Pret-a-Reporter

Style Notes: Ivanka Trump Boycott Picks Up Steam; Carven Designers Leave Brand

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Ivanka Trump

In case you missed it.

#GrabYourWallet Picks Up Steam as Customers Continue to Boycott Ivanka Trump's Fashion Line [The Cut]
Shannon Coulter, a digital and brand strategist, is encouraging shoppers to boycott Ivanka Trump's eponymous fashion labels given Trump's continued support of her father in the election cycle. Though there have been calls to boycott the brand in the past few months, Coulter's hashtag #GrabYourWallets has helped the movement pick up steam. In addition to not purchasing Trump-affiliated goods, she also suggests anti-Donald Trump consumers call retailers that carry various lines (Nordstrom, Dillard's, Marshalls, Amazon) and asking them to stop.

Carven Designers Exit Brand [Vogue]
Alexis Martial and Adrien Caillaudaud, the co-creative directors hired by Carven only 18 months ago, are exiting the brand. The pair, which succeeded Guillaume Henry, now at Nina Ricci, were tasked with bringing a fresh, young perspective to the brand. However after only four collections, the designers and the brand made the "mutual decision" to part ways.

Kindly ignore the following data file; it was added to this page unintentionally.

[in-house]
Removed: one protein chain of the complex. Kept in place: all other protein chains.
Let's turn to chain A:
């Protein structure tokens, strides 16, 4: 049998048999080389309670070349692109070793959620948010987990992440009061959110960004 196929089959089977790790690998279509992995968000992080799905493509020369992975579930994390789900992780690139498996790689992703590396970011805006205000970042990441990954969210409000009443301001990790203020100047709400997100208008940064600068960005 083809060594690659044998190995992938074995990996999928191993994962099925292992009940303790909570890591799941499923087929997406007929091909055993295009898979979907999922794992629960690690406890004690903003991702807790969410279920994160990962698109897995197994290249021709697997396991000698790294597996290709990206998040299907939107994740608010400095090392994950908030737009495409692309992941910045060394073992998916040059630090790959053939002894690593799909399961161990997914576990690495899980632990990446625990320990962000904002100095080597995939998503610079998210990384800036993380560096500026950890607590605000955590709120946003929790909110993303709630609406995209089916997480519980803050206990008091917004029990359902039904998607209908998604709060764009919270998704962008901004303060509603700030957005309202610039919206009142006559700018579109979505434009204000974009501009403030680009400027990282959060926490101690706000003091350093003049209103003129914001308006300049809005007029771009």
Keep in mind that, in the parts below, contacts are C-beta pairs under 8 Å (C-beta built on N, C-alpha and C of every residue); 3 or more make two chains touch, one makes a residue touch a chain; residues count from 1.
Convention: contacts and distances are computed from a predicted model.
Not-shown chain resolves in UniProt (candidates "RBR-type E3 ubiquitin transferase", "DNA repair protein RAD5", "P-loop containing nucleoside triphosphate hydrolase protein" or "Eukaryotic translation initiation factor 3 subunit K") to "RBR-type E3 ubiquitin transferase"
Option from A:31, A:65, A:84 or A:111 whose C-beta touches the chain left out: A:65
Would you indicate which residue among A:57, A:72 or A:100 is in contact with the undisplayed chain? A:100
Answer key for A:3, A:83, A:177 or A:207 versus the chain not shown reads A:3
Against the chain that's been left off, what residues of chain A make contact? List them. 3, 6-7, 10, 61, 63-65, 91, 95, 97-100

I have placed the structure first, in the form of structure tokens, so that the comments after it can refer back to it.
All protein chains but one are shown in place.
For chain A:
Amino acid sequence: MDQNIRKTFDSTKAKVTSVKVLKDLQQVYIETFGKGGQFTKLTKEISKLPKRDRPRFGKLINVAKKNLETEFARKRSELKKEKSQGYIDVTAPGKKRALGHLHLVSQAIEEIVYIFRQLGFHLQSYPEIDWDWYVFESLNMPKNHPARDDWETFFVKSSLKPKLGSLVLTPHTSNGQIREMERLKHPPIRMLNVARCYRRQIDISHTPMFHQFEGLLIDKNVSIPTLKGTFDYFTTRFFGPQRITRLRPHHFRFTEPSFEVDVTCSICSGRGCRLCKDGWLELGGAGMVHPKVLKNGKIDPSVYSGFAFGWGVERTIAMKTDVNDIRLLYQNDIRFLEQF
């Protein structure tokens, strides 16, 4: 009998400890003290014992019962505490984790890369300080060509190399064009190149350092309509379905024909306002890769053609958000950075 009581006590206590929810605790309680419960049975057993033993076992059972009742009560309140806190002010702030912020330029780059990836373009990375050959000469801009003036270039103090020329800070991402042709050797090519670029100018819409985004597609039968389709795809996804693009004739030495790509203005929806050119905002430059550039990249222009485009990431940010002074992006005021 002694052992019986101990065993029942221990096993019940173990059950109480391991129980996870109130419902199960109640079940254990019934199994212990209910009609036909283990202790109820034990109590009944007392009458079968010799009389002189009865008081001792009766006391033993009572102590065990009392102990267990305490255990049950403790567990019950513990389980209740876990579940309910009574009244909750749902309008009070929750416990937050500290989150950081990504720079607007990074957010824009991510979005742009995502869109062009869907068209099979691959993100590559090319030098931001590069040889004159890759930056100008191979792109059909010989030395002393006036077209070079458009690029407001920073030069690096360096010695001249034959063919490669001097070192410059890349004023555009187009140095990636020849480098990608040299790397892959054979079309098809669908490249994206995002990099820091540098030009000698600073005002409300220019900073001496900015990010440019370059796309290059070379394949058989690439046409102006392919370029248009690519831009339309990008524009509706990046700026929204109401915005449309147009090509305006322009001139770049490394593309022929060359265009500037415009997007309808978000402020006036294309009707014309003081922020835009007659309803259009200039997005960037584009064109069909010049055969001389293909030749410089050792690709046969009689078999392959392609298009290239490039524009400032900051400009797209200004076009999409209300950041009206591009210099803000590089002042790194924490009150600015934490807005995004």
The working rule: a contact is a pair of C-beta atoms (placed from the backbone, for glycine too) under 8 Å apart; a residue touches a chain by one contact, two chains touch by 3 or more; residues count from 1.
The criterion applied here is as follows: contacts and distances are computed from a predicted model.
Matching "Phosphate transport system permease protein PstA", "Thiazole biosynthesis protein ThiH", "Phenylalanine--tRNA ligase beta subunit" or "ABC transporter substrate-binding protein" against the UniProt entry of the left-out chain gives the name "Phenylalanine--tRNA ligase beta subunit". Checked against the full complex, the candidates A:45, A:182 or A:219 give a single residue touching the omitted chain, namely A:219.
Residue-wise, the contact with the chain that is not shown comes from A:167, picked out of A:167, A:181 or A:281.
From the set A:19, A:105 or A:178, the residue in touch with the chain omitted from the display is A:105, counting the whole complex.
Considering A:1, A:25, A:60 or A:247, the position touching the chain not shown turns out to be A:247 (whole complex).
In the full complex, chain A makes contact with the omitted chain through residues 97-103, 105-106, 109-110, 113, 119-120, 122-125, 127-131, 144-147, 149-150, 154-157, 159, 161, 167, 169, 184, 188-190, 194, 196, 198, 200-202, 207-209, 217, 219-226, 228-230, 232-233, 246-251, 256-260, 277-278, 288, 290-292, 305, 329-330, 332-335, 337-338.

Nanette Lepore Sues Licensing Partner Blue Star Alliance [Fashionista]
Fashion designer Nanette Lepore is suing her licensing partner, Blue Star Alliance, claiming that the manufacturer has tarnished her reputation by churning out "shoddy products." Lepore began working with Blue Star Alliance in 2015, with the aim of taking her brand global. In the lawsuit, Lepore claims that the company was producing items without her approval, including pieces that were unsafe, such as luggage allegedly made with carcinogenic materials. Lepore is seeking $735,000 in damages and attorney fees.

Teenage Syrian Refugees Allegedly Working in Clothing Factories for Zara, ASOS [BBC]
The BBC conducted an undercover investigation which found teenage Syrian refugees in Turkey making clothing for fast-fashion brands including Zara, Mango, ASOS and Marks & Spencer. According to their findings, teens as young as 15 were being underpaid to work 12-hour days producing goods which were then shipped to the U.K.; the refugees were reportedly hired by a third party, who paid them in cash. All brands involved say they "carefully monitor their supply chains" and don't tolerate underage workers. 

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